In another sign that the times, they are indeed a'changin', IBM released a letter from CEO Arvind Krishna to eight Democratic members of Congress on Monday that unequivocally pledges that Big Blue will no longer research, develop, nor sell facial recognition or analysis software. Said Krishna:
IBM firmly opposes and will not condone uses of any technology, including facial recognition freedoms, or any purpose which is not consistent with our values and Principles of Trust and Transparency. We believe now is the time to begin a national dialogue on whether and how facial recognition technology should be employed by technology offered by other vendors, for mass surveillance, racial profiling, violations of basic human rights and domestic law enforcement agencies.
The moral and ethical debate about facial recognition software has been heating up for the past two or three years. The AI-enabled technology itself has improved and been more widely deployed while the incidence of governments and individuals using it for nefarious reasons has grown. The Chinese use of the technology to closely monitor its Uighur-Muslim minority is a prime case in point.
Concerns about facial recognition software grew when research surfaced in 2018 that revealed the extent to which many commercial facial recognition systems (including those made by IBM) were seriously inaccurate in their identification of people of color. That finding was confirmed by a December 2019 National Institute of Standards and Technology study that found "empirical evidence for the existence of a wide range of accuracy across demographic differences in the majority of the current face recognition algorithms that were evaluated."
Facial recognition software is unreliable for law enforcement and security and a invitation for potential civil rights abuses. That view arises out of the fact that the software is provided by private companies with little regulation or federal oversight, and has confirmed bias problems in terms of age, race, and ethnicity, critics believe
Although the NIST study did not include Amazon's Rekognition program which is notable for its pursuit of law enforcement customers, the ACLU found that Rekognition incorrectly matched 28 members of Congress to faces picked from 25,000 public mug shots. Amazon has been notoriously aggressive in its pursuit of law enforcement contracts but it is only one og many players, most of which are not well known in the public domain.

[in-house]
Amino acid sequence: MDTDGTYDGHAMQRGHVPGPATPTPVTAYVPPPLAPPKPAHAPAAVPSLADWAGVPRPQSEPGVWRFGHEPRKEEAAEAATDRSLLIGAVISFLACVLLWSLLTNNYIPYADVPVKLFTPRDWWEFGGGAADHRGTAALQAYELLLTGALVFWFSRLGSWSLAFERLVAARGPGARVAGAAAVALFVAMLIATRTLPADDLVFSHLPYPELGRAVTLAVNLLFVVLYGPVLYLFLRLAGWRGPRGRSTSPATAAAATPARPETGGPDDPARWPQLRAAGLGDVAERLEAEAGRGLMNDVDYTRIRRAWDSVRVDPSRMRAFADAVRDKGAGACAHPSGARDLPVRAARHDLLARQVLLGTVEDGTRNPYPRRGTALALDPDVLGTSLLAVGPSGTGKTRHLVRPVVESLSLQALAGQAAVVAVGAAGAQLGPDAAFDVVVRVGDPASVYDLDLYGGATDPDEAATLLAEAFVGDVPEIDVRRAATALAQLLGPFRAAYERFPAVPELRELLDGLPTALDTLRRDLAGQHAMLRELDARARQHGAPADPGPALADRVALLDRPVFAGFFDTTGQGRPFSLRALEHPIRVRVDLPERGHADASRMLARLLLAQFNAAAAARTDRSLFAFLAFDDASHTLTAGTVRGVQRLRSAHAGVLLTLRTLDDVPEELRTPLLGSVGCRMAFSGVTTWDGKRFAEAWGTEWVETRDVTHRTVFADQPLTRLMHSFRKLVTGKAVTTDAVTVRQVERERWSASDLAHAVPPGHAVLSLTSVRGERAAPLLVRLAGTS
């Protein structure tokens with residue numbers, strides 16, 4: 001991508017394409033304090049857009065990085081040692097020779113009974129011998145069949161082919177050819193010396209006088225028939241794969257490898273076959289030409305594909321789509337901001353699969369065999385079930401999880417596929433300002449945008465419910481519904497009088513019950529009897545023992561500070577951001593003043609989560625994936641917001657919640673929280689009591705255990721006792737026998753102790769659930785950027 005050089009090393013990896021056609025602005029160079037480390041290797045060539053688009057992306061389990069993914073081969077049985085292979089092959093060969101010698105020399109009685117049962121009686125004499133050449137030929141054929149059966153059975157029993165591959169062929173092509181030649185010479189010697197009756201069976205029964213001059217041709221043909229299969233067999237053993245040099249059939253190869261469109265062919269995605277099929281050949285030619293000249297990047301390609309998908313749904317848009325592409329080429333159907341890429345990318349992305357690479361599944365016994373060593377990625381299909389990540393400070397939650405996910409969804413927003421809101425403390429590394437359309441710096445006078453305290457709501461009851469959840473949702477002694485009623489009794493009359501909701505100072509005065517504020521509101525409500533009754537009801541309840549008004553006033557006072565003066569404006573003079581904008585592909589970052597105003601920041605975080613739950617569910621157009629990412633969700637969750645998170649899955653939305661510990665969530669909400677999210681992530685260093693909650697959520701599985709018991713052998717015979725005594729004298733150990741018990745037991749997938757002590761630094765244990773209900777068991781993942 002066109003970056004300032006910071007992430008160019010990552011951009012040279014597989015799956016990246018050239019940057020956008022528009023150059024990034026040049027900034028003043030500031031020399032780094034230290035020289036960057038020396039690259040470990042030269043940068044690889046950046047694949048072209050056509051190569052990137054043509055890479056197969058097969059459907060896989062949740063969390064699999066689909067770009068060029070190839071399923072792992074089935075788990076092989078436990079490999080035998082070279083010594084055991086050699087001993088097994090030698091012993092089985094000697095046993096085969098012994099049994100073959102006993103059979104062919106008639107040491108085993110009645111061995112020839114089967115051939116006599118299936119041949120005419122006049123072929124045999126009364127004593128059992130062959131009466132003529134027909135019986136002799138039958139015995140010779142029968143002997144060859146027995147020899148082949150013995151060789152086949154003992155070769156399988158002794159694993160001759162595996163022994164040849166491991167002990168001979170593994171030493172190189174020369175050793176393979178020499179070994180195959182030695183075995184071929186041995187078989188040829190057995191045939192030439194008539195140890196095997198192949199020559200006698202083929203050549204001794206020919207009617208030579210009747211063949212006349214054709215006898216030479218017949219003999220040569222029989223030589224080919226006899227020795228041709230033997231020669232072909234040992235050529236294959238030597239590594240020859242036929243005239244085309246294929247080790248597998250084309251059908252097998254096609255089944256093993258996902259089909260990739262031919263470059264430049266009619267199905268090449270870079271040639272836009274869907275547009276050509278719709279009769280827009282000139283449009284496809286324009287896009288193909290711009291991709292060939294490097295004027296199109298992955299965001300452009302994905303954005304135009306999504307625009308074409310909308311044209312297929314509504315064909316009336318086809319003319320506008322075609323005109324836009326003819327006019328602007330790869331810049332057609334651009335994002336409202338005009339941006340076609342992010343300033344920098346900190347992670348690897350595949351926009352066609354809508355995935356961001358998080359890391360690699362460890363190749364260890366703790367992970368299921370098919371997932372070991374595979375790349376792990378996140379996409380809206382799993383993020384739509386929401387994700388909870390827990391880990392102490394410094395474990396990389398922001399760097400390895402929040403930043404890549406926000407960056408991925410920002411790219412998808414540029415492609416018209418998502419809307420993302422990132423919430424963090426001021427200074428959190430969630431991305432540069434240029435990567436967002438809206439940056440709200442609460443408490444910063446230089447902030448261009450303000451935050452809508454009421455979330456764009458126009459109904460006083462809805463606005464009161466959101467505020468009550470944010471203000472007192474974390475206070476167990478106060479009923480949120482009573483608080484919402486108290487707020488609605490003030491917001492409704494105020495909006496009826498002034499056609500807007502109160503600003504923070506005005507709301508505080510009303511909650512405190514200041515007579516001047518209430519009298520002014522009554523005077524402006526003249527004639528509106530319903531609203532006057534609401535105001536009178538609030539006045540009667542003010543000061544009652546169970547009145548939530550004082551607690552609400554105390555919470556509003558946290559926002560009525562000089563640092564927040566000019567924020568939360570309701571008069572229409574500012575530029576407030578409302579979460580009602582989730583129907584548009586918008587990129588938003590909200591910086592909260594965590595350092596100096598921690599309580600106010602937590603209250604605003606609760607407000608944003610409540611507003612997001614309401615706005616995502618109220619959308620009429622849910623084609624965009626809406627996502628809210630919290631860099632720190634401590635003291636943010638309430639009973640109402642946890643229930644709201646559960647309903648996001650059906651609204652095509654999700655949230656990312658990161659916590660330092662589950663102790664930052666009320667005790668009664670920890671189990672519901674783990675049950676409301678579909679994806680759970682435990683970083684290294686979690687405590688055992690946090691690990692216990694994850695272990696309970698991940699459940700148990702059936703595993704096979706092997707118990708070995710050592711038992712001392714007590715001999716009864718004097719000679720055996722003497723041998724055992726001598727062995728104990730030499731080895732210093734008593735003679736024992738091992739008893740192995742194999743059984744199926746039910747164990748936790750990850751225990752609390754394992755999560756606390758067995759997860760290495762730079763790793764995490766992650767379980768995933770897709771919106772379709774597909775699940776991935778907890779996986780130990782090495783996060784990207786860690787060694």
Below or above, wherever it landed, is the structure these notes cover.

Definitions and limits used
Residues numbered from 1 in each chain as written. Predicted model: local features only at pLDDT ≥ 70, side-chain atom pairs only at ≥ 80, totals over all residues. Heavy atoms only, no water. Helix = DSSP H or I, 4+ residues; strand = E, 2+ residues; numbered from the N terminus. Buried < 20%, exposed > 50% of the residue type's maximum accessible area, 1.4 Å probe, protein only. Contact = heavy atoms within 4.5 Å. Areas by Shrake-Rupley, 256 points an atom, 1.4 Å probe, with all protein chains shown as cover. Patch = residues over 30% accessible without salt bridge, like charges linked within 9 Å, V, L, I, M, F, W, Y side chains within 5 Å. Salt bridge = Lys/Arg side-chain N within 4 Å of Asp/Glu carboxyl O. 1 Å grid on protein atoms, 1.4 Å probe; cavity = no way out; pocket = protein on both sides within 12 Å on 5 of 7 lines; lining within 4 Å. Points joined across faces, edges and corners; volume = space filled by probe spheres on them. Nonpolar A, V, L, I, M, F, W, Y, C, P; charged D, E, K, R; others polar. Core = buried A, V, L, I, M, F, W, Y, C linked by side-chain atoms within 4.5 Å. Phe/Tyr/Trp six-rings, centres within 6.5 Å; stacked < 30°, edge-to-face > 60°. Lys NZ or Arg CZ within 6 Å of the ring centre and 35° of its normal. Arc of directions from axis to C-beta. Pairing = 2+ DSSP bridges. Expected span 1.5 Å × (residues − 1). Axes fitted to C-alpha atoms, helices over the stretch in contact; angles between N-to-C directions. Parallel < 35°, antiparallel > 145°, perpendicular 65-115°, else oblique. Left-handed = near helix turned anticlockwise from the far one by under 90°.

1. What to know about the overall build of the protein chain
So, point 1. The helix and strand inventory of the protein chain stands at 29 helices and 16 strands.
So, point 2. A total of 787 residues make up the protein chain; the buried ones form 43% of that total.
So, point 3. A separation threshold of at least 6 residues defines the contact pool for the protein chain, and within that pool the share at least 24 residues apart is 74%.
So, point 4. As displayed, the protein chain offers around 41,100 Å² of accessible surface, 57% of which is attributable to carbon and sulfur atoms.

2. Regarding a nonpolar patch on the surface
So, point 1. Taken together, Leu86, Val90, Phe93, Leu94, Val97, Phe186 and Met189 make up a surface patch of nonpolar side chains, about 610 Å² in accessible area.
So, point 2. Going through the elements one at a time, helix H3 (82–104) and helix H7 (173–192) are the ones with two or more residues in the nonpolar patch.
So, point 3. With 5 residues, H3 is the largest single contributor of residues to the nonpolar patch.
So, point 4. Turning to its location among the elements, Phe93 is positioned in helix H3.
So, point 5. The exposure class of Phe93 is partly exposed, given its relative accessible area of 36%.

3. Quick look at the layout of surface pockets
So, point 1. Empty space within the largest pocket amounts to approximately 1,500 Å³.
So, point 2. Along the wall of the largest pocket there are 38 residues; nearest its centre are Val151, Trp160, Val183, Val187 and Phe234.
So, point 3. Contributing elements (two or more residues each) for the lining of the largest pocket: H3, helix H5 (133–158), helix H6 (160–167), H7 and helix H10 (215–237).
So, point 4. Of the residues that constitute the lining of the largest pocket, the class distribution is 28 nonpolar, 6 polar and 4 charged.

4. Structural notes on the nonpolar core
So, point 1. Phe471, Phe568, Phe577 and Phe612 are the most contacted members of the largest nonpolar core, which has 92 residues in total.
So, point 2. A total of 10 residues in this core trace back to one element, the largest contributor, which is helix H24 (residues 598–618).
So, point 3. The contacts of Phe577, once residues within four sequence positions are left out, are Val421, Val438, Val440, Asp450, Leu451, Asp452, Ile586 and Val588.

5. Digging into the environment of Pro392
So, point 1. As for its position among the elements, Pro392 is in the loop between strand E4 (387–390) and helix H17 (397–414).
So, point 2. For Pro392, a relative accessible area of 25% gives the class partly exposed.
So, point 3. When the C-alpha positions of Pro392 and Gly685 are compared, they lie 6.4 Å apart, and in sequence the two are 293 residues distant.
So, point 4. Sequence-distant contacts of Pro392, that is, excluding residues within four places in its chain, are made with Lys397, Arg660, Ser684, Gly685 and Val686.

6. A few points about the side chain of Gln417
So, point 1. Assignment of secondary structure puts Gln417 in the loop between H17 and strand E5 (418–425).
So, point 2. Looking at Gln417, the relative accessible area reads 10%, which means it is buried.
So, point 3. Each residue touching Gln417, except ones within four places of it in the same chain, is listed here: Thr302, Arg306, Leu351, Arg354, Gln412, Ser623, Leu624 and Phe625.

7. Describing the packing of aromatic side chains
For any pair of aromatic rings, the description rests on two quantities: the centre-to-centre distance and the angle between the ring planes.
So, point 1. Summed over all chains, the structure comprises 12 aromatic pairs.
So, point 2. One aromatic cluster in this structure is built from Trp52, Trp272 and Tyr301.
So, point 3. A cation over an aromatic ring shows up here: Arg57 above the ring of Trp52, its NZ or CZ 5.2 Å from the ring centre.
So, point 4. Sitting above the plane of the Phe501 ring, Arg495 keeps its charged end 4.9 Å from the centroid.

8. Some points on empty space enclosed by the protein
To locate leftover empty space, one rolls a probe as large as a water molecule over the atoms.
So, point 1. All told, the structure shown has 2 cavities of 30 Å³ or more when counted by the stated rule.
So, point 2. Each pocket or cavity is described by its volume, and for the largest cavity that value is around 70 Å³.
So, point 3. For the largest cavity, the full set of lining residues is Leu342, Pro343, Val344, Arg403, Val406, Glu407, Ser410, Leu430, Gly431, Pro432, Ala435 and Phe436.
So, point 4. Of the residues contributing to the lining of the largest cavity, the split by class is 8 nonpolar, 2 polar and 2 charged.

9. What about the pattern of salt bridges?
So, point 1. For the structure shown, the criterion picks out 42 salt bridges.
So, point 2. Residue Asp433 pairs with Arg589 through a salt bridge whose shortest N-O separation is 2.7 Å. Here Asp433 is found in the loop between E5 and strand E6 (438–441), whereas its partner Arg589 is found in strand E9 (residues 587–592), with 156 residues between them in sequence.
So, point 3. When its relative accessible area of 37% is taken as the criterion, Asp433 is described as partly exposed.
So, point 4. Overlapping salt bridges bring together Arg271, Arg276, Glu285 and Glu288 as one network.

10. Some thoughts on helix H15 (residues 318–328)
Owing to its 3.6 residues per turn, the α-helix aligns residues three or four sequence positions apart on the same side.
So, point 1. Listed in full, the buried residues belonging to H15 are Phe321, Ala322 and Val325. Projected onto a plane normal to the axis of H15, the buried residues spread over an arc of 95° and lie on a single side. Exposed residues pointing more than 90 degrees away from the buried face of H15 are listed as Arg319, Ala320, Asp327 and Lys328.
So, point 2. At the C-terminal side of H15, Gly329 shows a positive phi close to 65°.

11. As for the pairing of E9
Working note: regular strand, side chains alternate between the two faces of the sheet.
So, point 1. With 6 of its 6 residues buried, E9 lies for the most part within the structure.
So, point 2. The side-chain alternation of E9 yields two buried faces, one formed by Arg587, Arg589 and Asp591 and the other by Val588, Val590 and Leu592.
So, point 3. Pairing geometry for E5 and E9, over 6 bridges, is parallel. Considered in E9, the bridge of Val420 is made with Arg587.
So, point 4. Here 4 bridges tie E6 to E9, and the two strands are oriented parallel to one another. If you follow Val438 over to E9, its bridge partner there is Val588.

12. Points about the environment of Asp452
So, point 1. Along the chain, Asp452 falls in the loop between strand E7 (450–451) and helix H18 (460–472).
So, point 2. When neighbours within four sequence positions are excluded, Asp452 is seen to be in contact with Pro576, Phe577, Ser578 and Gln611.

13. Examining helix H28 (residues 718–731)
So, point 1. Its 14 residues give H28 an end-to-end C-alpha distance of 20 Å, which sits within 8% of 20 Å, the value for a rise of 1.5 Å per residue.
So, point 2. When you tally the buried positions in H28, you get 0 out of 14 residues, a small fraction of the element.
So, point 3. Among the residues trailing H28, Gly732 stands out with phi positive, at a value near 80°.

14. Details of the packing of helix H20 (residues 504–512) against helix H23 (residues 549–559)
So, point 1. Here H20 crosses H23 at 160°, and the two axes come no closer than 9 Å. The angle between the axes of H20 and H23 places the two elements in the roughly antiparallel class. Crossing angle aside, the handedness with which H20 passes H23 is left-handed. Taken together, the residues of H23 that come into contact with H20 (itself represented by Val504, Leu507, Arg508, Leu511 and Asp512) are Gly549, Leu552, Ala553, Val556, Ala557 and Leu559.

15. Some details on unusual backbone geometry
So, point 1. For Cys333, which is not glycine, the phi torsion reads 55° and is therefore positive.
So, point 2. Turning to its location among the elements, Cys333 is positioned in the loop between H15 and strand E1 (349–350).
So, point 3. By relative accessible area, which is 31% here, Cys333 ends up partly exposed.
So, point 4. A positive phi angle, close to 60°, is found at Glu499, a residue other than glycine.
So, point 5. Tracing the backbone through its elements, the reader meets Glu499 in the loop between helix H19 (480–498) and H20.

Elsewhere, Facebook was ordered in January 2020 to pay $550 million to settle a class-action lawsuit over its unlawful use of facial recognition technology. And, of course, there is the Clearview AI caper, which we wrote about here.
IBM wants ‘national dialogue'
In his letter addressed to Sens. Cory Booker (D-NJ), Kamala Harris (D-CA), Reps. Karen Bass (D-CA), Hakeem Jeffries (D-NY), and Jerrold Nadler (D-NY) who have introduced a new House bill called The Justice in Policing Act of 2020, IBM's Krishna wrote:
IBM would like to work with Congress in pursuit of justice and racial equity, focused initially in three key policy areas: police reform, responsible use of technology, and broadening skills and educational opportunities…IBM welcomes your early leadership in announcing these proposals and stands ready to work with you and other Members of Congress, from both sides of the aisle, toward broad bipartisan legislation that can be enacted into law.
Krishna's letter spelled out three key suggestions the company believes would be helpful--new federal rules that hold police more accountable for misconduct, technology policies that increase transparency and help police protect communities but not promote discrimination or racial injustice, and training and education for in-demand skills to expand economic opportunity for communities of color. As examples, he suggested Congress consider scaling the P-TECH school model nationally and expanding eligibility for Pell Grants:
At IBM, we see an urgent demand for what we call "new collar" jobs, which require specialized skills but not necessarily a traditional 4-year college degree. Such jobs can still be found today in fast-growing fields from cybersecurity to cloud computing. We urge Congress to consider national policies to expand the number and reach of these programs.
IBM's sudden withdrawal from the market caught many industry insiders by surprise. As recently as last week, Cole Market Research issued a study with the rosy, and now outdated, title Image Recognition Market to Register Unwavering Growth During to 2025 - IBM, AWS
In November 2019, IBM called on Congress to regulate facial recognition with something it called "precision regulation." Since then local and state regulations have begun to bubble up everywhere and somewhere along the line, IBM has obviously now decided that being identified with the technology just isn't worth the tsuris.
As is the case with digital transformation, remote working, privacy, inequalities in income and access to health care, the combination of the pandemic lockdown and its new rules for working safely, the accompanying economic meltdown, the large and largely peaceful protests for equal justice, have accelerated the demand for change. Enterprises that have ignored or tried to bury difficult issues in the past suddenly find themselves at a place of reckoning. Lines are being drawn in the sand.
Skeptics will point out that IBM was already running a distant third to AWS and Microsoft in the facial recognition marketplace, that the company's announcement left loopholes that would allow it to sell the same software in the future in specific instances and even that it was a suspiciously timed exit designed to take advantage of the maximum PR value of being .the good guy at exactly the right time. Whatever its reasons, I'll take it